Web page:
/     |  |   H  |  |     |   |         ||_| |_||     _|                \_____A
  |      |  |   H  |__--------------------| [___] |   =|                        |
  | ________|___H__/__|_____/[][]~\_______|       |   -|                        |
  |/ |   |-----------I_____I [][] []  D   |=======|____|________________________|_
__/ =| o |=-~~\  /~~\  /~~\  /~~\ ____Y___________|__|__________________________|_
 |/-=|___||    ||    ||    ||    |_____/~\___/          |_D__D__D_|  |_D__D__D_|
  \_/      \__/  \__/  \__/  \__/      \_/               \_/   \_/    \_/   \_/

Another option for harassing those annoying users who can't properly type two letters in a row -- just "ls"! -- and get it right is to alias their "sl" command to something more appropriate like this.

alias sl="ls | rev"

Do that and they'll get their file listing, but all of their file names will be displayed backwards! Serves them right, don't you think?

Other prankster sysadmins go as far as to make unexpected changes to the /etc/hosts file on their users' systems. Imagine what happens when you tell a system that www.google.com refers to the loopback!

127.0.0.1	www.google.com google.com

You can also cause a lot of trauma by aliasing the command to invoke someone's favorite editor to one that they never use and likely don't know. When someone with this alias in their .bashrc file tries to use vi and ends up using ed, they will likely be completely at a loss for how to set things right.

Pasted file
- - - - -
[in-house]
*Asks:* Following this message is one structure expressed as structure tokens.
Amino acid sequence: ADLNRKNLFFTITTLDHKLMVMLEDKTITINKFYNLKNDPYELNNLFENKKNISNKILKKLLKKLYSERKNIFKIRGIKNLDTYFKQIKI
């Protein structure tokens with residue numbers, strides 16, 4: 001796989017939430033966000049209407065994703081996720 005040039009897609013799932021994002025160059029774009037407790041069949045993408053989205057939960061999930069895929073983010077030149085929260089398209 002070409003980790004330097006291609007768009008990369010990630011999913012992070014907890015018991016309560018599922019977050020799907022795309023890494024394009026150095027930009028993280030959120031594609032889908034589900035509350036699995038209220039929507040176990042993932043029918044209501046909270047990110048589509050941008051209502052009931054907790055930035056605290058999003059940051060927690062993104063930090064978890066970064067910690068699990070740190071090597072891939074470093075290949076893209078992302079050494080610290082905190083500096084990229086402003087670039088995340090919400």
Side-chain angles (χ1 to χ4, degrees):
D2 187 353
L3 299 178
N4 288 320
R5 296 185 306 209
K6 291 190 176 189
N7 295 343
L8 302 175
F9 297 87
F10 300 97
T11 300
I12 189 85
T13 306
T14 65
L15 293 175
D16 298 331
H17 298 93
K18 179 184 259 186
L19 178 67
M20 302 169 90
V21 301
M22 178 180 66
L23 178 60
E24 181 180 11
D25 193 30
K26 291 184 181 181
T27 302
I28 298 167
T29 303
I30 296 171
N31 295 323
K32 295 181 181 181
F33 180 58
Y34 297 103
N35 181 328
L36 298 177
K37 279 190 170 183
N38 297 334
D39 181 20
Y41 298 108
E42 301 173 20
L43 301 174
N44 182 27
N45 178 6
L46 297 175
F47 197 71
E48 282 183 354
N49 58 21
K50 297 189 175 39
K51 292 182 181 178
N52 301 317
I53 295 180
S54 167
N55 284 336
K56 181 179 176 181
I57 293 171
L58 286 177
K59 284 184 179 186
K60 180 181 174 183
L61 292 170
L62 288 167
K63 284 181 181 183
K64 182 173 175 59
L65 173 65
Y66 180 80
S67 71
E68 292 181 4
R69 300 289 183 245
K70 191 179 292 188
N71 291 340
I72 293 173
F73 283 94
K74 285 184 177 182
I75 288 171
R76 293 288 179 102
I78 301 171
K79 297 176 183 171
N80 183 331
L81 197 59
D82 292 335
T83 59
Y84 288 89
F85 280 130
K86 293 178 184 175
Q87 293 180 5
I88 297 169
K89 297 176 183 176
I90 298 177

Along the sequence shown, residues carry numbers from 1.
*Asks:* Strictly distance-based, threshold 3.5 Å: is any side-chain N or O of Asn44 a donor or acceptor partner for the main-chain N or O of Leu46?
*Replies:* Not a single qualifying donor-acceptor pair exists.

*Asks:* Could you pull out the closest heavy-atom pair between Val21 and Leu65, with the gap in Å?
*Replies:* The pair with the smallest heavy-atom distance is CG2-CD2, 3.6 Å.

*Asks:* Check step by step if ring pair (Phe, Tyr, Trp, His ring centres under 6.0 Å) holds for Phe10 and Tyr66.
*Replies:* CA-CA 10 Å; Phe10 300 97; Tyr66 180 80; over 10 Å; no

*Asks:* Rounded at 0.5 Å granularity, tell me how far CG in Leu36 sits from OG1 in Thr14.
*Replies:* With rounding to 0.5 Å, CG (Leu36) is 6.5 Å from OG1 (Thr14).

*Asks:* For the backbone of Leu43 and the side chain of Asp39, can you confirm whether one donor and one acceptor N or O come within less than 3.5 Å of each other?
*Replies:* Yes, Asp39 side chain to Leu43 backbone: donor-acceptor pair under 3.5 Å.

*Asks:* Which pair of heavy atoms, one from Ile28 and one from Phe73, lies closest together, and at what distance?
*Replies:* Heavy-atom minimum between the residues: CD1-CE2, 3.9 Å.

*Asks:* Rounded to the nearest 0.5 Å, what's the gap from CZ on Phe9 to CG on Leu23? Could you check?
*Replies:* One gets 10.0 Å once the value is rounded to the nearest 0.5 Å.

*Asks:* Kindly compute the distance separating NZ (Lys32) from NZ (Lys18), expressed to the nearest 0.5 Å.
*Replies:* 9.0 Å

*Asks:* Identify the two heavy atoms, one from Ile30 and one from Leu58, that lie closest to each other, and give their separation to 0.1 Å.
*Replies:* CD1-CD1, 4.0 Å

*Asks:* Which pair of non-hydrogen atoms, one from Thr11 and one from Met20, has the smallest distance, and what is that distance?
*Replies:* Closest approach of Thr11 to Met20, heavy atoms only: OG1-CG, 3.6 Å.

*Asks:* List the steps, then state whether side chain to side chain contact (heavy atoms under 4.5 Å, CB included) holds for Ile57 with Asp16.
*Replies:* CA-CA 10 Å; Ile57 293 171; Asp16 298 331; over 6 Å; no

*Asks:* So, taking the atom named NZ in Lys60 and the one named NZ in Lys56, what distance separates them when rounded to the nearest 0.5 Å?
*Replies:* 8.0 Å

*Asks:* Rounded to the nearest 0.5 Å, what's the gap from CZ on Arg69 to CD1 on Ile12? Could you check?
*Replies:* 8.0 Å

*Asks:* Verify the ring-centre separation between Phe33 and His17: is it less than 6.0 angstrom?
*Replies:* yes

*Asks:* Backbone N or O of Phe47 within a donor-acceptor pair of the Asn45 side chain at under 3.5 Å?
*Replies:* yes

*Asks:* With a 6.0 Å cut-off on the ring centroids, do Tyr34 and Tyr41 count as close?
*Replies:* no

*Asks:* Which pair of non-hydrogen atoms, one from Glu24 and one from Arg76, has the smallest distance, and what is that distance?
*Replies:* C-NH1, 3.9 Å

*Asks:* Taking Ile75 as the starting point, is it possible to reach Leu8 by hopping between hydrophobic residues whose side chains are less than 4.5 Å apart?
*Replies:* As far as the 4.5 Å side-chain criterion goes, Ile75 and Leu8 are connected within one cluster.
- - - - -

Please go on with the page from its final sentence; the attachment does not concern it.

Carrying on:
alias vi='ed'

You can also alias other commands to each other. Alias pwd to cd or who to logout.

The command below will change a user's prompt to look like a DOS prompt, complete with the C: preface. If your users spend time on both Unix and Windows systems, they might not notice right away! But expect that "Hey, wait a minute!" response once this sinks in.

export PS1='C:${PWD////\\\\}> '

I don't live in a cubicle jungle anymore, but I've heard this trick has thrown a few people off balance. Carefully swap the mice in two adjacent cubicles and watch the people trying to figure out was is happening and then maybe notice that they're both having some very unusual problems navigating around their screens.

Confusing your fellow admins or your more troublesome users can be a lot of fun -- if they don't break anything important while they're trying to figure out what happened! And, please, don't tell them that I suggested it! But, if you've played tricks like these on your Unix cohorts or been tricked yourself, please share some of your stories!